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‘The Ultimate Teammate’: How T.J. Oshie Cemented His Caps Legacy

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The 34-year-old’s leadership, energy and overall presence will be vital as Washington seeks a deep playoff run.

New York Rangers v Washington Capitals Photo by Patrick McDermott/NHLI via Getty Images

T.J. Oshie has become something of a trademark for the Washington Capitals.

Since being acquired from the St. Louis Blues back in 2015, Oshie has made his presence known with his leadership, bursts of energy, odd pre-game rituals and love for “Country Roads.” However, beyond his fun-loving attitude, it’s also his willingness to say yes and do what’s best for the team that’s made him a key piece to the puzzle in D.C.

“T.J. is whatever you ask, whatever it takes. There is never a ‘yeah but’ or ‘I can’t or ‘are you sure?’ It’s always ‘yep, no problem’... That’s the ultimate teammate,” head coach Peter Laviolette said.

The 34-year-old has done what he can in to make his mark on the organisation both on and off the ice. Through 413 regular season games with the Caps, Oshie ranks fifth in team scoring with 150 goals and 300 points while averaging .73 points-per-game.

“You look at him and he’s one of the leaders in the room,” Laviolette said. “There’s a veteran presence in this room that drives this team, and he’s a part of that.”

Through the 2020-21 campaign, Oshie led the team in power-play goals (18) and finished only behind Alex Ovechkin in goals (22), while also ranking third on the team in scoring (43 points) through 51 games. To open the postseason, he had an immediate impact with two assists, including the primary helper on the OT winner that gave Washington the 1-0 series lead over the Boston Bruins.

“[I enjoy] the pressure, the anxiety, everything that comes with every play being important,” Oshie said of the Stanley Cup Playoffs. “You don’t get that feeling during the regular season... every play, every shot is important and could be something that helps decide the game.”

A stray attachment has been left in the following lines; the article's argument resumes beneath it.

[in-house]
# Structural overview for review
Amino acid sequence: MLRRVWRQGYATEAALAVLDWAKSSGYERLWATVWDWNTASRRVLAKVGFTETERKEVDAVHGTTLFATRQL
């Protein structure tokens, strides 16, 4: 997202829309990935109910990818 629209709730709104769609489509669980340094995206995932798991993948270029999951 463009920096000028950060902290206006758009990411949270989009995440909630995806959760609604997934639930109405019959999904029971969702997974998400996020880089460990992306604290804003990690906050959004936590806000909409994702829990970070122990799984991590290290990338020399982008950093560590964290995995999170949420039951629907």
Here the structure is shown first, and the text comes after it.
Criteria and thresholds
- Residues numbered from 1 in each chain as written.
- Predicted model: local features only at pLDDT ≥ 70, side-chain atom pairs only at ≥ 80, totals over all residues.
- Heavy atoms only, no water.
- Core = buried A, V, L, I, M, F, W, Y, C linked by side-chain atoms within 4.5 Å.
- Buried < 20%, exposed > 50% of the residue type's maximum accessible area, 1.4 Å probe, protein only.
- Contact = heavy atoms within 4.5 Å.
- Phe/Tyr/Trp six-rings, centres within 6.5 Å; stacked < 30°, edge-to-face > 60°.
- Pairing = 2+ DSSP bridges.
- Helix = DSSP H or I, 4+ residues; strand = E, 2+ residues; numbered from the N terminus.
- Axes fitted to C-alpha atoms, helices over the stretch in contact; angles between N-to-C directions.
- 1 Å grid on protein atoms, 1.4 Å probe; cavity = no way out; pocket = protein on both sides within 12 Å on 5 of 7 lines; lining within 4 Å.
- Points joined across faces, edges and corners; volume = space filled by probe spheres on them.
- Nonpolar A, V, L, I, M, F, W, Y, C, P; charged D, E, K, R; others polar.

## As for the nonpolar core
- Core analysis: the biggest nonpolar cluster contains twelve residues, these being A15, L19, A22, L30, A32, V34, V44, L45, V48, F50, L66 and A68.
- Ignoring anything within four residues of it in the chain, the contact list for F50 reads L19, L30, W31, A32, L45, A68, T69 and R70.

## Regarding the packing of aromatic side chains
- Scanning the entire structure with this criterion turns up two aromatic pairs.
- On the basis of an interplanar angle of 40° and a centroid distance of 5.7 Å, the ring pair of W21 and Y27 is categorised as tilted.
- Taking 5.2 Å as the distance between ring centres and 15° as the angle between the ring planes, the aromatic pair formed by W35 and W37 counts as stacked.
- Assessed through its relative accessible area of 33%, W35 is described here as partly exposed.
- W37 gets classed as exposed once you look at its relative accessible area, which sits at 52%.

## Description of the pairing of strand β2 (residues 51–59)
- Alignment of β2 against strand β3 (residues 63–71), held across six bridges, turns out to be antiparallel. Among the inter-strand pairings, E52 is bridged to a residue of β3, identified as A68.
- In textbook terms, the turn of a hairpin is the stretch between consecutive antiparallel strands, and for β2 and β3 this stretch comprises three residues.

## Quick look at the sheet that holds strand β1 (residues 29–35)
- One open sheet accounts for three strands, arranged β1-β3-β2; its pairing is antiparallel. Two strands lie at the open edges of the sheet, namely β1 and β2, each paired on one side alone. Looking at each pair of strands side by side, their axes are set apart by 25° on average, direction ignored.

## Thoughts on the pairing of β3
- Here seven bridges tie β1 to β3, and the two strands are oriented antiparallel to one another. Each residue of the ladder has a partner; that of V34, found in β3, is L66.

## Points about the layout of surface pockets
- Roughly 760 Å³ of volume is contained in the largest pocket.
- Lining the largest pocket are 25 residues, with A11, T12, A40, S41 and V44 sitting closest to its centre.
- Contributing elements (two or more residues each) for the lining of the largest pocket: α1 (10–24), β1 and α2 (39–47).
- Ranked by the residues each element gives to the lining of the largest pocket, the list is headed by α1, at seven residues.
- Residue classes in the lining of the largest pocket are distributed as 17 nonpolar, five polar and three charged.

However, the end of the regular season was by no means easy for Oshie. His father and coach, Tim, passed away in early May after battling Alzheimer’s Disease since 2012. Then when he returned (scoring a hat trick in his first game back), Oshie found himself sidelined with a lower-body injury.

Despite everything, Oshie’s doing what he can to stay positive and said that win over the Rangers and the support of his family and teammates — who will be wearing “Coach” stickers in memory of his father for the duration of their playoff run — has been instrumental in helping him cope.

“I typically call my dad on game days on my way to the rink every day. That’s kind of my schedule and way to stay in contact and let him know we were playing that night and chat a little bit. I’ve been calling my mom lately, she appreciates that, it’s [settling in] a little bit,” Oshie said, adding, “It’s always in the back of my mind, I’m always thinking about Coach. I'm very lucky that I have such a good support system to get through these times.”

Going forward, Oshie faces a tall task to open the postseason, as he shifts off the wing and into the center position to fill in for an absent Evgeny Kuznetsov, who’s working to draw back in after coming off the COVID-19 list.

That versatility and ability to step outside his comfort zone, however, is just another example of Oshie’s value that speaks volumes as the expansion draft for the Seattle Kraken looms.

“He’s able to adjust and adapt... he’s smart, a real smart player, and I think to [jump from wing to center] says a lot about his hockey IQ,” Laviolette said.

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Oshie’s registered a face-off percentage of 48.2 over his tenure with the Caps and is ready to continue to take on whatever role is necessary to “get the job done” as he continues to cement his Capitals legacy.

“I’ve always paid attention to what guys are supposed to do in certain situations... I feel like that’s part of being a student of the game,” Oshie said. “I’ve been in the game a long enough time, there’s just different responsibilities and I feel like I have those in my game. I’m happy to fill in the hole while we need it.”